• The 2020-21 budget-making has been ongoing in the counties and at the national level.
• The Constitution and the Public Finance Management Act 2012 lays out the procedures and timelines for the budget making process.
As nations strive to contain and manage the Covid-19 pandemic, it is becoming increasingly clear the virus is not just a health issue. It has affected people and systems in many ways, including the way we live, work, learn, worship among others. One area that seems to have passed through the cracks is the way governments involve the citizens in governance and decision making.
The 2020-21 budget-making has been ongoing in the counties and at the national level. The Constitution and the Public Finance Management Act 2012 lays out the procedures and timelines for the budget-making process.
This culminates in the debate and approval of the Fiscal Strategy Paper that sets out the ceilings and priorities for a financial year by end of February and the debate and approval of the Programme Based Budget to be completed in June.
The budget is a critical document which presents the estimated revenues of a government and how the government plans to spend the revenue and their priorities for a financial year.
The Constitution stresses the centrality of public participation, as a key inalienable human right and as a duty of a citizen and obligation of those involved in decision making. It discards the long-held belief that citizens are just but subjects and elevates them as equal partners in decision making in governance including in the management of public finance.
These provisions are further reinforced by the Public Finance Management Act, 2012, the County Government’s Act 2012 among others.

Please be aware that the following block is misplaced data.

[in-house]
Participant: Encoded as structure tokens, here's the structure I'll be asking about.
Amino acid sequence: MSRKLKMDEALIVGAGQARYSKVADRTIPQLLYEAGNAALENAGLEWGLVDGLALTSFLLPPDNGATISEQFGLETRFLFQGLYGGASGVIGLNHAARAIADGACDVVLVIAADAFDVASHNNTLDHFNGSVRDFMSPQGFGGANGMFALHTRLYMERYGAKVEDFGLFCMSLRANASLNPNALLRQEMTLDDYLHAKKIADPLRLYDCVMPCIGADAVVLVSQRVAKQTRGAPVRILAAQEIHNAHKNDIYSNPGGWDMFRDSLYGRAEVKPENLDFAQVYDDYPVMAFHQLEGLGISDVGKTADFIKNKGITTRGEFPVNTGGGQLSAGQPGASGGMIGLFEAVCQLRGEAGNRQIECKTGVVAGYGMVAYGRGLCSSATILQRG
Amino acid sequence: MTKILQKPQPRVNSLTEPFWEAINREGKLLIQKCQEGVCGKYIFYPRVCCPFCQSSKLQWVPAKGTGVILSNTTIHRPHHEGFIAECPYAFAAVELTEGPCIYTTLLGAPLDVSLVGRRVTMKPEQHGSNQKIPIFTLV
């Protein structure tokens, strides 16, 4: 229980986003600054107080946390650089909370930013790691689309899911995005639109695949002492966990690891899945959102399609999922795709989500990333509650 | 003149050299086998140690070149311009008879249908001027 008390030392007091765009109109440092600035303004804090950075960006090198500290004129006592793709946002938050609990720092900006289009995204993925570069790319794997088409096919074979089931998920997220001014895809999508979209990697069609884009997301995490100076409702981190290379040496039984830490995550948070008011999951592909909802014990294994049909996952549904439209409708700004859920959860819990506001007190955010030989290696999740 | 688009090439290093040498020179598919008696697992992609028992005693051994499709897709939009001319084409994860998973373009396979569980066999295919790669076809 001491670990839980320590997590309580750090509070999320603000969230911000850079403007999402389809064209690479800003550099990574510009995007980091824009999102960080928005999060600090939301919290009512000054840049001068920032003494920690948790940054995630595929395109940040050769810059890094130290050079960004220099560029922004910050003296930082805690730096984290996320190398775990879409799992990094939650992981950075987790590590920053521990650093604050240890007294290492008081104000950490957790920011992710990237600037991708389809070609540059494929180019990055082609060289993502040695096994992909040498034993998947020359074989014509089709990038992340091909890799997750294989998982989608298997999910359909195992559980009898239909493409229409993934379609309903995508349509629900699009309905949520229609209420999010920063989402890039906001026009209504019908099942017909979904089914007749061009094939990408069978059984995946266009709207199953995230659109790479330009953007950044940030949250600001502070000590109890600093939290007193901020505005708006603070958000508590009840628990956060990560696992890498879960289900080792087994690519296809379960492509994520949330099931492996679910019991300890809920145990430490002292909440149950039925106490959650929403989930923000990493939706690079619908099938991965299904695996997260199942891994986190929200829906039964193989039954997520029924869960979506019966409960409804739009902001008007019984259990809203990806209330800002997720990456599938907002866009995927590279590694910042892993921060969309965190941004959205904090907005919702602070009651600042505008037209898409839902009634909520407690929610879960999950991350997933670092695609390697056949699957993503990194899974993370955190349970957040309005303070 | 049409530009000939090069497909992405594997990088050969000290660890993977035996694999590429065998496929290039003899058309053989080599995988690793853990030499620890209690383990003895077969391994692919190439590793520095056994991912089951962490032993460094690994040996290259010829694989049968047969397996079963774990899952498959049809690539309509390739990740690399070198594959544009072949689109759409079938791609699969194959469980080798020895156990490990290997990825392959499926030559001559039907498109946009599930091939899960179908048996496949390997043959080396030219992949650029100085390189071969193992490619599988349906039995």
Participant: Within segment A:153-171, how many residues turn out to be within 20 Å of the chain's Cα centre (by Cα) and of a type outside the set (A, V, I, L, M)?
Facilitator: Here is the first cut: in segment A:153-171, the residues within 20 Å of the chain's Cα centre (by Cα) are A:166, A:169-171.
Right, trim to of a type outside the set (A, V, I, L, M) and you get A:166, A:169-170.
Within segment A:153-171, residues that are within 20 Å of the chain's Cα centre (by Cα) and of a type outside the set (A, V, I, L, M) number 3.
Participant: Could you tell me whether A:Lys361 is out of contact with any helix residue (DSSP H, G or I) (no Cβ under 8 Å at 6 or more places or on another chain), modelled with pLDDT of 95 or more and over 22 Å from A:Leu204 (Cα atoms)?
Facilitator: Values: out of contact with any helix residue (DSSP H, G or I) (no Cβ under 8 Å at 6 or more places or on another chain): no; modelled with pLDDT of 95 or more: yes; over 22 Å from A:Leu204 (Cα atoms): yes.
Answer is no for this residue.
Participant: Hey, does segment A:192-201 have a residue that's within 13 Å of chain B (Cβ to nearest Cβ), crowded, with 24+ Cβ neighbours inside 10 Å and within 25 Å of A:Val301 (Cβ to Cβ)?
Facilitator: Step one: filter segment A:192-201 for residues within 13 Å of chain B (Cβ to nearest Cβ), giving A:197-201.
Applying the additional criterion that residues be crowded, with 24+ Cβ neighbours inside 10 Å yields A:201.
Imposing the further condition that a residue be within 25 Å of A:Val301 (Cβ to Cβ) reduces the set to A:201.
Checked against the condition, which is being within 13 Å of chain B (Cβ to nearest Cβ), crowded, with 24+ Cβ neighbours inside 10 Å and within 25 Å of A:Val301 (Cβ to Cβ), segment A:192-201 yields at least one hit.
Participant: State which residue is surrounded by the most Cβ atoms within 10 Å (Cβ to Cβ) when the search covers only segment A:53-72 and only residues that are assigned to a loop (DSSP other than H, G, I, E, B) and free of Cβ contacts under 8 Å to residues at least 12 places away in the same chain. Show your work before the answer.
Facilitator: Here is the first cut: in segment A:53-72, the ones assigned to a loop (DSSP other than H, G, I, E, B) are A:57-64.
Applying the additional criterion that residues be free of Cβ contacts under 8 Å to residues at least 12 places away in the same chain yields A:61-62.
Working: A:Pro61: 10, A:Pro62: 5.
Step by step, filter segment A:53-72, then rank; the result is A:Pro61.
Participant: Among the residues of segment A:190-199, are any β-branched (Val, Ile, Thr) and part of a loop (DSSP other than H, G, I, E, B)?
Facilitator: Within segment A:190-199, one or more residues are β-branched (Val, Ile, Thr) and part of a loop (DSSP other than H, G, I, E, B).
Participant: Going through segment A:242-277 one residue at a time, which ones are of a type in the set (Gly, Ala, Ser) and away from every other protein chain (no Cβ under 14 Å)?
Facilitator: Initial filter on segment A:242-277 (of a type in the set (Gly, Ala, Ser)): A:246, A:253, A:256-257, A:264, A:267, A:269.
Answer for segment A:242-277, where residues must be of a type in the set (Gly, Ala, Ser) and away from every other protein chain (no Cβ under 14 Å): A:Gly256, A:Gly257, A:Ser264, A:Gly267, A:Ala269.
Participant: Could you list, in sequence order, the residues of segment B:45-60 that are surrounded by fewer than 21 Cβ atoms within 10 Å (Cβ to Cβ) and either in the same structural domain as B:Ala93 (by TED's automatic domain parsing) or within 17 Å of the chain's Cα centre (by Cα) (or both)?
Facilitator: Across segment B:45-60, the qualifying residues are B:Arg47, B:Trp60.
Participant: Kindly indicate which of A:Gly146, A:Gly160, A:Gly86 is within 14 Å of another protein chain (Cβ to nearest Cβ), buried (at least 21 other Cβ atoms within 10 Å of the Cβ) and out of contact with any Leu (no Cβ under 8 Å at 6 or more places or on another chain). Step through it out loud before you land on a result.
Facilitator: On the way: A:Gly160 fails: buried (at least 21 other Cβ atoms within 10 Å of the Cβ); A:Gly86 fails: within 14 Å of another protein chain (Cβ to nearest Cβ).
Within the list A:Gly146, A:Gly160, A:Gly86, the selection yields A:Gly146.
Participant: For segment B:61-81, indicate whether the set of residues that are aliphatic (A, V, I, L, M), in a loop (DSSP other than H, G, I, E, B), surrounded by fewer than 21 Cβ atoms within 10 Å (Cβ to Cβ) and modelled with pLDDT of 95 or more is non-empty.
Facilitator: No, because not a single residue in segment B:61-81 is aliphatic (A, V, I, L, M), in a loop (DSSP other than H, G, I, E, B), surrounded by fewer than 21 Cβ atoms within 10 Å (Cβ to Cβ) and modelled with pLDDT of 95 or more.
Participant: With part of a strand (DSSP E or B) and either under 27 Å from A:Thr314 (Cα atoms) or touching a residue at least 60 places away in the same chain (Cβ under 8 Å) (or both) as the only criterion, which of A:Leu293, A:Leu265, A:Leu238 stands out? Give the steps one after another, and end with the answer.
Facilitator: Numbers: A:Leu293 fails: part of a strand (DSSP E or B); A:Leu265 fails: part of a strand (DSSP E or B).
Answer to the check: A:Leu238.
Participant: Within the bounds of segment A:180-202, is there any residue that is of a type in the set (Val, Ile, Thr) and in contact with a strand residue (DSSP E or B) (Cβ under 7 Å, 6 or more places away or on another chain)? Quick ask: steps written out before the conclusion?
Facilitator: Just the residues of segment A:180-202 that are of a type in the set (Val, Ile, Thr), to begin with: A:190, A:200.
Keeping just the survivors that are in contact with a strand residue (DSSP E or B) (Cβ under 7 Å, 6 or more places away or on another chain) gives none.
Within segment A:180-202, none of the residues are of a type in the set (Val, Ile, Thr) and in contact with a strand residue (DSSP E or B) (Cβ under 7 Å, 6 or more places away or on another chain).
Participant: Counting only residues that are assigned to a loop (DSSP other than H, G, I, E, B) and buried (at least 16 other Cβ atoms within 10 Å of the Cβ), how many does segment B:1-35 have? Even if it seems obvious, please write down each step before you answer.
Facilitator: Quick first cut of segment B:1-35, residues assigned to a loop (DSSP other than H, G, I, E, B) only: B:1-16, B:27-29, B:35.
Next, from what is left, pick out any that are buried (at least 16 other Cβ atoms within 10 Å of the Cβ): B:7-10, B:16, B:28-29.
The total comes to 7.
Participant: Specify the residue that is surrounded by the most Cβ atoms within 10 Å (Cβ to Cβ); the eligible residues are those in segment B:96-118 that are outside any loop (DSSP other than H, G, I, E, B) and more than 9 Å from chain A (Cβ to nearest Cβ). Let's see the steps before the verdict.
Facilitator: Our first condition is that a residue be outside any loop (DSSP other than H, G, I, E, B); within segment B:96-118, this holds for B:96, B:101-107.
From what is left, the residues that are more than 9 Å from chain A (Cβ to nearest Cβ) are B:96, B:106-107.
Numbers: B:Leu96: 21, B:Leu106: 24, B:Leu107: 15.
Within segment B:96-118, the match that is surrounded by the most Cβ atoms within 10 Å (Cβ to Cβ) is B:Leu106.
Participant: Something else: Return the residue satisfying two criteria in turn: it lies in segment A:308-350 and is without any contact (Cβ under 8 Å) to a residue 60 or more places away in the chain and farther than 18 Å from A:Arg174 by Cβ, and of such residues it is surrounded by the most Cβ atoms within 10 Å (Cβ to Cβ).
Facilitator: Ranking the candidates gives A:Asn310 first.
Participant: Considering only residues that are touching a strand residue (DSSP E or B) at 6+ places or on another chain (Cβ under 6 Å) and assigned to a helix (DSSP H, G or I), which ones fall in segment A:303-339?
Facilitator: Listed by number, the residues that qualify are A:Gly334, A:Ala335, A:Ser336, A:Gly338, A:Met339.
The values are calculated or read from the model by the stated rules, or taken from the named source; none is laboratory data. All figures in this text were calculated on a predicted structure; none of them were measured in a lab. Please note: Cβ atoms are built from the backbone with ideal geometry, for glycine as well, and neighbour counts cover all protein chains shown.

The public participation situation in Kenya was already not ideal, with less than 30 per cent of Kenyans feeling their opinions were addressed according to URAIA. But the 2020-21 budget has been most hit by social distancing guidelines and general preoccupation of surviving COVID 19.
Public participation in the budget-making process is a very critical process that cannot be ignored. Counties must, therefore, come up with proactive ways to ensure the voices of the public are integrated into the budget-making process; not just because it is a legal right imposed by the Constitution but because it is the right and smart thing to do.
We need to ensure that groups that have historically been excluded from the ‘market style’ public participation forums where the strongest, loudest and rowdiest gets heard are meaningfully engaged. Leveraging technology is one way of getting the public meaningfully engaged.
Indeed, if we can develop modules for classes, and tools to work and worship from home, we can surely utilise online platforms for public participation. If we can use radio as a platform to disseminate information, we can surely use it as a platform to collect views and feedback from the public.
Leading scientists have warned the Covid-19 could permanently change the way we socialiSe and interact with one another forever. It is thus critical to rethink the structure of our public participation; not just in the budget-making process but, in the formulation, implementation and monitoring all government's policies and proposals.
Aseda is the programme coordinator at the Network for Adolescent and Youth of Africa